A New Life Balance: Being Jewish after October 7th
Gaining Perspective in Uncertainty

On Being the Archetypal Other


When people forget our shared humanity—and Israel becomes a pariah state and Jews are pariahed; and blood libels are once again all the rage; and when binary thinking condemns conversations and peaceful conduct—to whom do we turn for strength?

To the wisdom of the wise.

The following is an excerpt from a lecture that Rabbi Lord Jonathan Sacks, z”l, gave in 2011, titled, “A People that Dwells Alone.”

“In ancient times, Israel was a small nation surrounded by large empires. In the Middle Ages they were the most conspicuous minority in Christian Europe. Today in the Middle East, Israel is the most conspicuous country that is not Muslim. Jews are the archetypal other, we don’t fit into the dominant paradigm—the dominant faith, the prevailing culture—and that is what we’re there for. To remind ourselves [humanity] that there is such a thing as the dignity of dissent. That’s what we do in life. We challenge. We argue. We stand out against the crowd; we go against the trend. We are apart, but we are not destined to be alone.”

About the Tower of Babel, he noted that everyone was saying the same things. He quoted Naftali Zvi Yehuda Berlin who explained why the Tower of Babel needed to be destroyed: “If everyone thinks the same thing, there’s no dissent. That is not a free society.”

Rabbi Sacks continued, “We are there to be different, for the sake of everyone’s right to be different. We fight for the right to be, whether as a nation in its historic land or as a religious group in the diaspora, we fight for the right to be free to live as Jews, not just for our sake, but for the sake of every other minority in the world.… Everyone who seeks the right to challenge the prevailing culture or the dominant faith. That is why we are there.”

His words brought me the comfort of history. For a moment. It is discomforting to be in sync with history, and not beyond it—as we had hoped would one day happen. Why must we once again be a scapegoat for yet another angry group? Why must we be forced to stand, isolated to some extent, before the forces of evil that, unfathomably, seem so enticing? Why must our every action be scrutinized, manipulated, and twisted? Why must we always be seen as other, when our otherness is so very ordinary?

A few days later, I listened to the podcast Wondering Jews during their discussion of antisemitism. A key idea presented was that Jews represent whatever it is that the ruling or majority groups hate. So, “For today's anti-imperialists and anti-colonialists, Israel is the quintessence of imperialism, truth be damned.” Once again, Jews are being condemned by the antisemites for being what they don’t want to recognize in themselves.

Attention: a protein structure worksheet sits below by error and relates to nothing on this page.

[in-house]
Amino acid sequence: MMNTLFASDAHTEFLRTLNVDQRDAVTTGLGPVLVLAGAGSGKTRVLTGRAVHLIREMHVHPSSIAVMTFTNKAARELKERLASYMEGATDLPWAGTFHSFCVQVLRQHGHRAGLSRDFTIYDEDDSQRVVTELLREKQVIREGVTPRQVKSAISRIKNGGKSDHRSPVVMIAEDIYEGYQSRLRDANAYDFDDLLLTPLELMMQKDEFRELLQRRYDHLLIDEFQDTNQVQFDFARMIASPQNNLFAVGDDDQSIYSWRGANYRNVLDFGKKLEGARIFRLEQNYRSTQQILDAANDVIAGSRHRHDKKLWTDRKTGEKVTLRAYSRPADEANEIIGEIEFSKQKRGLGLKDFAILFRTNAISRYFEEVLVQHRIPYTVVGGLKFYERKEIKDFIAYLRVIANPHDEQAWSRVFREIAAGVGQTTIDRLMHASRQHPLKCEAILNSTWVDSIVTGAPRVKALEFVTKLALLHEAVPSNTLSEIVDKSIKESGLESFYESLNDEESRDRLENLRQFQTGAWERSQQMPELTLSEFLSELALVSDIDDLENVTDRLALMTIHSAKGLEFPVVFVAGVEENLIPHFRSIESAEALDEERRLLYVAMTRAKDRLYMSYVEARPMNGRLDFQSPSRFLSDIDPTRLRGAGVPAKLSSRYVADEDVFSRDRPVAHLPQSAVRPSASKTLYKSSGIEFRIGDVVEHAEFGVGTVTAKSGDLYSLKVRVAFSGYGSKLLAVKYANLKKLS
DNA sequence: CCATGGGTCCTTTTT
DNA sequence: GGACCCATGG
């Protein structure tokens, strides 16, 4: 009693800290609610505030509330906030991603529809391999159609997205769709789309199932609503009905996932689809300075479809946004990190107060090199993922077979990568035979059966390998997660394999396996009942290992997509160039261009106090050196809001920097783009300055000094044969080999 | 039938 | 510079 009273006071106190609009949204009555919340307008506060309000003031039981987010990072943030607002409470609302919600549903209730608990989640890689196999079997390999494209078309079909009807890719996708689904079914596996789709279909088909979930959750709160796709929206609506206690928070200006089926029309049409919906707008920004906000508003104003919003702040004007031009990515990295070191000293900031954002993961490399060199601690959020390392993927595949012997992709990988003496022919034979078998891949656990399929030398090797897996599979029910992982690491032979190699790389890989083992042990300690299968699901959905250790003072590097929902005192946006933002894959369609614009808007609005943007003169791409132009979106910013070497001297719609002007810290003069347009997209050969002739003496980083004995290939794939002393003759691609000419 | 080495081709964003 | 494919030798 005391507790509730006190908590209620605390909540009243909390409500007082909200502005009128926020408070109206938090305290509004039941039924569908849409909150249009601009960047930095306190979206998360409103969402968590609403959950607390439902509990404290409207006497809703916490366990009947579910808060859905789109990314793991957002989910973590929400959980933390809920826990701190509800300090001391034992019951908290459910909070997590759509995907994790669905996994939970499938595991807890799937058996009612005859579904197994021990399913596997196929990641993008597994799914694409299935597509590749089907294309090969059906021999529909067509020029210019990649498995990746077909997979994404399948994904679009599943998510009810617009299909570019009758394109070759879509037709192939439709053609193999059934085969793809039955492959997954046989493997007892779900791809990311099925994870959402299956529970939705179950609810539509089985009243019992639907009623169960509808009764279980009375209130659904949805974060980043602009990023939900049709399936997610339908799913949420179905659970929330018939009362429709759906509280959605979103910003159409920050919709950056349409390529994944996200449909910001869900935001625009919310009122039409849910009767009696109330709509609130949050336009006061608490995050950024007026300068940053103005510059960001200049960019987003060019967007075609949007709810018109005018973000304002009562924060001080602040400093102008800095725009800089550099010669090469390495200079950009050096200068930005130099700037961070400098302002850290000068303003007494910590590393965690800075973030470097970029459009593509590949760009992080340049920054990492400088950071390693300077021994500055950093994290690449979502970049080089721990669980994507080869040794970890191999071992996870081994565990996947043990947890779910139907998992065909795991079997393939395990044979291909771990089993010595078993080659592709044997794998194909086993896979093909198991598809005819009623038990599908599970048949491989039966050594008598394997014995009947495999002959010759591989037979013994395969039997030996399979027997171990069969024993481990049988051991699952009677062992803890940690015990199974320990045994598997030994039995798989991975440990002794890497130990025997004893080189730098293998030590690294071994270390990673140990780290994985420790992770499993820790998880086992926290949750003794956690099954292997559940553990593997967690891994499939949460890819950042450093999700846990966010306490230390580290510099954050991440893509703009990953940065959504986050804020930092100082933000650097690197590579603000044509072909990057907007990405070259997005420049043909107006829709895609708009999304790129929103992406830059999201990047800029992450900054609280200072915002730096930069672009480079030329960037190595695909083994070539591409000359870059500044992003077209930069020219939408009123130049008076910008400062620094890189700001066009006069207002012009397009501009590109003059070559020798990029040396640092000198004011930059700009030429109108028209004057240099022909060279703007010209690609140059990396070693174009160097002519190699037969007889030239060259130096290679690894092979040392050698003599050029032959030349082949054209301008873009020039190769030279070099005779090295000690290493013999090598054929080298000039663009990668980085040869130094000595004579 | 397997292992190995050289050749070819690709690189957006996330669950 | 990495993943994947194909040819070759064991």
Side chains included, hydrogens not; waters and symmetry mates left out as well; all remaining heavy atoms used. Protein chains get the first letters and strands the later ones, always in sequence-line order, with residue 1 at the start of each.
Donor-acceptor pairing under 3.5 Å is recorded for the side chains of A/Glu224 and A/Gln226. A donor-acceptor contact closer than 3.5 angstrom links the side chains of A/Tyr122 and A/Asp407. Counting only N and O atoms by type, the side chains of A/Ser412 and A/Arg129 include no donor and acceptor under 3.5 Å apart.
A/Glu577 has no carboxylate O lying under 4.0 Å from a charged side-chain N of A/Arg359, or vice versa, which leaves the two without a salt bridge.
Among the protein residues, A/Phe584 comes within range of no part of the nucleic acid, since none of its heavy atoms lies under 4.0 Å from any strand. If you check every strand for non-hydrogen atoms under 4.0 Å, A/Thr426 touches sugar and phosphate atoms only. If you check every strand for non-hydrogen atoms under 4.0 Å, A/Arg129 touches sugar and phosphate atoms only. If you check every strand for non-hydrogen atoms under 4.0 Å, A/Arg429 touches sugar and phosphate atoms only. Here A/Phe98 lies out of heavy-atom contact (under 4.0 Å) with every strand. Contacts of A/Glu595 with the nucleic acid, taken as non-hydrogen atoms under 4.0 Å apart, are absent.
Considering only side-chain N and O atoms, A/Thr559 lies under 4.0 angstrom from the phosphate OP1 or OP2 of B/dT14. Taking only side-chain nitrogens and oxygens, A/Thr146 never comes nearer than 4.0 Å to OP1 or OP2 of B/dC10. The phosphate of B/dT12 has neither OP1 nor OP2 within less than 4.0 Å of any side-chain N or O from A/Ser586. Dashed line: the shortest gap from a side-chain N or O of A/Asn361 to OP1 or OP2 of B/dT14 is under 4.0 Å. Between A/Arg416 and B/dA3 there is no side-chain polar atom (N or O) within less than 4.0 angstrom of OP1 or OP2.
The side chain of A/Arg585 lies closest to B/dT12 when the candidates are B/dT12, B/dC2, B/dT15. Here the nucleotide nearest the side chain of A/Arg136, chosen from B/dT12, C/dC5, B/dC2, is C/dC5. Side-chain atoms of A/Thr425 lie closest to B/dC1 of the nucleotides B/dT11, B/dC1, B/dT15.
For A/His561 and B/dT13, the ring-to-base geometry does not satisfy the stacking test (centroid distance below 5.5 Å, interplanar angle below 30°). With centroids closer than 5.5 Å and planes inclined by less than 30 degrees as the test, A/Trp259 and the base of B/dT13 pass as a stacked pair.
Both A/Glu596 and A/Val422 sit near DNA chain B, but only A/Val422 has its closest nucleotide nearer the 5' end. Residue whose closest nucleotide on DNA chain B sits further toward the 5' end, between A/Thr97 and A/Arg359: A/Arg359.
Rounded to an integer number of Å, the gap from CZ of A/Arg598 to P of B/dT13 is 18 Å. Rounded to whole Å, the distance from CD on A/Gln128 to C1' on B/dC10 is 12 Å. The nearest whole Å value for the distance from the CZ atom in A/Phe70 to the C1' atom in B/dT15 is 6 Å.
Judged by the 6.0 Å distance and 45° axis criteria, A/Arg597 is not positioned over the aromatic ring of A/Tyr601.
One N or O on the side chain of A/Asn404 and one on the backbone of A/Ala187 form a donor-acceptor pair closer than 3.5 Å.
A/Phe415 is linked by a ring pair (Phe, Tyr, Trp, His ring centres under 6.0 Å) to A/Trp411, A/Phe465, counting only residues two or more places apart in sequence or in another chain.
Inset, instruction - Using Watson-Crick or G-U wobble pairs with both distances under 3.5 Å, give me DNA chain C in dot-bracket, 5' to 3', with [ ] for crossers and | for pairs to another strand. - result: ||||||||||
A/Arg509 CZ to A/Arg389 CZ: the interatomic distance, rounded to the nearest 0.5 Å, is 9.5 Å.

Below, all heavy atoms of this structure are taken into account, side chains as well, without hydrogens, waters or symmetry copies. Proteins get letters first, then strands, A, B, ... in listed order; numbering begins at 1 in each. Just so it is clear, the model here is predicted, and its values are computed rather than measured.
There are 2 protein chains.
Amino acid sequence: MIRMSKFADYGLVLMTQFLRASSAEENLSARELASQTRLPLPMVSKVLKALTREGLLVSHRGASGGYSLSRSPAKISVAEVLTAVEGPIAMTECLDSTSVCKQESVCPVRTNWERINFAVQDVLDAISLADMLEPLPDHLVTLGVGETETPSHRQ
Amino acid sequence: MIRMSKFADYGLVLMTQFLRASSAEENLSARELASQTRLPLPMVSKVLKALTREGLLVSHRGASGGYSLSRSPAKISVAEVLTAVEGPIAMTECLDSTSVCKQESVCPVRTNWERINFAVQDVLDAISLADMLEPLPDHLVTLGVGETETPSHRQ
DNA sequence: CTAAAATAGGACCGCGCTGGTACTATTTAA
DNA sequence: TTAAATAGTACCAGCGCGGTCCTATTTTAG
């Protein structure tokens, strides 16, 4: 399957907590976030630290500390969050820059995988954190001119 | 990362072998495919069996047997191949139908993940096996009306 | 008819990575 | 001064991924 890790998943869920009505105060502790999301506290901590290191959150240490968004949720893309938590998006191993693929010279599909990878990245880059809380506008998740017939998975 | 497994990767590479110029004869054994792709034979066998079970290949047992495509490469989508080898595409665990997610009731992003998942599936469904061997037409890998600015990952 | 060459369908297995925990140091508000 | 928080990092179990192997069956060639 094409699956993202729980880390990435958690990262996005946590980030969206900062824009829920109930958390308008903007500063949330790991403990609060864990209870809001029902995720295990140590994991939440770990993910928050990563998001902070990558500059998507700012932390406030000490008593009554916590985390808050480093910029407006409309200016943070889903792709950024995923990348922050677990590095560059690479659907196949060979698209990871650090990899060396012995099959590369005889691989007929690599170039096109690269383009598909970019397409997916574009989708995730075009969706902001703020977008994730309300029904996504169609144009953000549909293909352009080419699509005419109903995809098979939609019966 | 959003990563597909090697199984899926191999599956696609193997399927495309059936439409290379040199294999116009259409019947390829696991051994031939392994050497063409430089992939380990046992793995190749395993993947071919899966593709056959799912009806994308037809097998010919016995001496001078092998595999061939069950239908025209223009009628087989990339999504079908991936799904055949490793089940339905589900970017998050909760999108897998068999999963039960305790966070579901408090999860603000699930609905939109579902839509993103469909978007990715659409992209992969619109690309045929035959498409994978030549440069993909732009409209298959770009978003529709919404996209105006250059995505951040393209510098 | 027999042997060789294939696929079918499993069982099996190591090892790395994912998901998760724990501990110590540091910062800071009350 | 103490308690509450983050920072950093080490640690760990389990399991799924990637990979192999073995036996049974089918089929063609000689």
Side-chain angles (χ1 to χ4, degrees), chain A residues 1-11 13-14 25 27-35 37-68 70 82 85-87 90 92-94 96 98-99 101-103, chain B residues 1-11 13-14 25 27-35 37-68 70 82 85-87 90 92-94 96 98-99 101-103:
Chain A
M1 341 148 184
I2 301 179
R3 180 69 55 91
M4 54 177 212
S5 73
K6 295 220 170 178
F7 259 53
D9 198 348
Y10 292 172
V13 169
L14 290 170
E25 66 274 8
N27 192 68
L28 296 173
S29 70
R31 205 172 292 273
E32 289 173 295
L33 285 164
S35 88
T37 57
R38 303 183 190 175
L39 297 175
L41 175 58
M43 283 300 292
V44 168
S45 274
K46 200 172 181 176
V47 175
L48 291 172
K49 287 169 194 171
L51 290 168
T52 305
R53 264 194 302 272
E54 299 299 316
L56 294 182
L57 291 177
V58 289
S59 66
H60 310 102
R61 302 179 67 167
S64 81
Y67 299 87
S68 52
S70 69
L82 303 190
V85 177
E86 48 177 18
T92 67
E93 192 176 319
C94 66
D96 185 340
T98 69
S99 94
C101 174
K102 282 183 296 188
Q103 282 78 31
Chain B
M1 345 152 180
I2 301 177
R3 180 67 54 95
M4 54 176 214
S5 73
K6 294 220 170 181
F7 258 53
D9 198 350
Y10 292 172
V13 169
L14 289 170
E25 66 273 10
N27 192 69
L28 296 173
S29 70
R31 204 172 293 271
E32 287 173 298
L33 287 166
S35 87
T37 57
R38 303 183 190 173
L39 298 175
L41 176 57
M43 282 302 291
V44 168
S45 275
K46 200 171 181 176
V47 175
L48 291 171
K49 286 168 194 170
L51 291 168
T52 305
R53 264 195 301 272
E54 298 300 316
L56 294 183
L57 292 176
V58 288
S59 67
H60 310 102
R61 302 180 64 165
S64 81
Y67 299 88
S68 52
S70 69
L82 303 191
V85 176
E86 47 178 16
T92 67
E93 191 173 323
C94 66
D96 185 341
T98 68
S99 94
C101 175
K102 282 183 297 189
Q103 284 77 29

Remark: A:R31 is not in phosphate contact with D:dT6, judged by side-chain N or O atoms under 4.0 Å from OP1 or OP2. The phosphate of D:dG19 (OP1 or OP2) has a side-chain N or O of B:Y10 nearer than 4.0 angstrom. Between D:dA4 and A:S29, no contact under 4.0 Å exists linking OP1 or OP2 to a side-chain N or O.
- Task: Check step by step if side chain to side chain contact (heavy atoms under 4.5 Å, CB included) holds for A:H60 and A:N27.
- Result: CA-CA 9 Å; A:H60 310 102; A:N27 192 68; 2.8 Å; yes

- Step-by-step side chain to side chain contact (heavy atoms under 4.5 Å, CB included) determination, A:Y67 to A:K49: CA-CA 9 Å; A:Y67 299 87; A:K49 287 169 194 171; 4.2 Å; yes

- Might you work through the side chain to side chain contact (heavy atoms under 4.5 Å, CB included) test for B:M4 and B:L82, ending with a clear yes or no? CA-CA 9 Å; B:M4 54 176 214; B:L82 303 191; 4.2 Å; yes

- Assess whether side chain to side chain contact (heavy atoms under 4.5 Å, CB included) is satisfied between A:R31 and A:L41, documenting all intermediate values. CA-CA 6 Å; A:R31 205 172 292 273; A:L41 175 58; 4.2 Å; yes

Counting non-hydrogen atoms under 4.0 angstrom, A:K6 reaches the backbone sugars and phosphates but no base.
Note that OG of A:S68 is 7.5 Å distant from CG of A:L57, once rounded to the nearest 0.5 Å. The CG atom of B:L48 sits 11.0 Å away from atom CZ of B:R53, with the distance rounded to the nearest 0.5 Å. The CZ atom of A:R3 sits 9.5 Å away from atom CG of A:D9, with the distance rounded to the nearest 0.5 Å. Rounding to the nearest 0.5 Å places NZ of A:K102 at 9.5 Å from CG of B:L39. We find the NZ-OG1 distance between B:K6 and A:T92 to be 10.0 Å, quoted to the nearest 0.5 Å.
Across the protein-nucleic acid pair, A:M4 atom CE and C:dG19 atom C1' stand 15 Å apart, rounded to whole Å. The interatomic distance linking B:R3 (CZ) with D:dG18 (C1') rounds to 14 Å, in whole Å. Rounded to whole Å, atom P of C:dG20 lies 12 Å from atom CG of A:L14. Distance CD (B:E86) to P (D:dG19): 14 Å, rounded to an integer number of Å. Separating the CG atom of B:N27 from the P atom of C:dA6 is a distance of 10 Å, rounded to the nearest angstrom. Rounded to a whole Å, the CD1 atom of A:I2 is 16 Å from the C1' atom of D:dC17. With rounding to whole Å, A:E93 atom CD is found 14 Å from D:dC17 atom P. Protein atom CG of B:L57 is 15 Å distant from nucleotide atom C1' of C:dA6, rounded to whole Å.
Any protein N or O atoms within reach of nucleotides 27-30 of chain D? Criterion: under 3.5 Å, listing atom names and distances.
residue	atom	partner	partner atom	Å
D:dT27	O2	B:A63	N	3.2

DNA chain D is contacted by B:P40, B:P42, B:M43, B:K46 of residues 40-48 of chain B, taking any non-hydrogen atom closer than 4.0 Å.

Then, in an online lecture, the speaker said that the role of Jews is to crush evil.

And I thought to myself, that’s so much to put on one very small group of people. To be condemned for being different and to defend everyone’s right to be different. To be hated and to fight against hate for all. To be derided for something that they’re not, while the deriders feel stingily better about themselves as they try to oppress the other. To be accused of crimes that are done to us. To be the bulwark against the spread of evil that others think is still wise to appease.

Who are the Jews that so many other groups depend on them in such twisted ways?

It’s not as if we are born with super-human strength or intelligence or courage or wealth or any number of advantageous advantages.

We are a people held together by religion, faith, traditions, education, and values. We are also a people held together by our love, and their hateful actions.

Going back to what Rabbi Lord Sacks said about Jews being the archetypal other. It is ironic that in this era when we’re supposedly all about accepting everyone for who they are and what they believe, vile antisemitism is rampant.

While my voice is barely heard, it is still another voice calling out, standing up—dissenting. Proclaiming, too, that I am proud to be a Jew, as different and alone as we may be. I am also proud of those people (friends!) who are not blinded by the cacophony of twisted logic.

This battle is not new. It is as old as the Bible. A while ago, I told younger daughter that I didn’t want to study Torah, that I wanted to learn from new stories that I could relate to. Now, I see how wrong I was. Those stories, and the analyses of them that have been a part of our ongoing oral and written tradition, are the basis for understanding our world today. I see now that learning from history is understanding how a people reacted to unfolding events, over and over again, and what fortified them. This now gives me strength.


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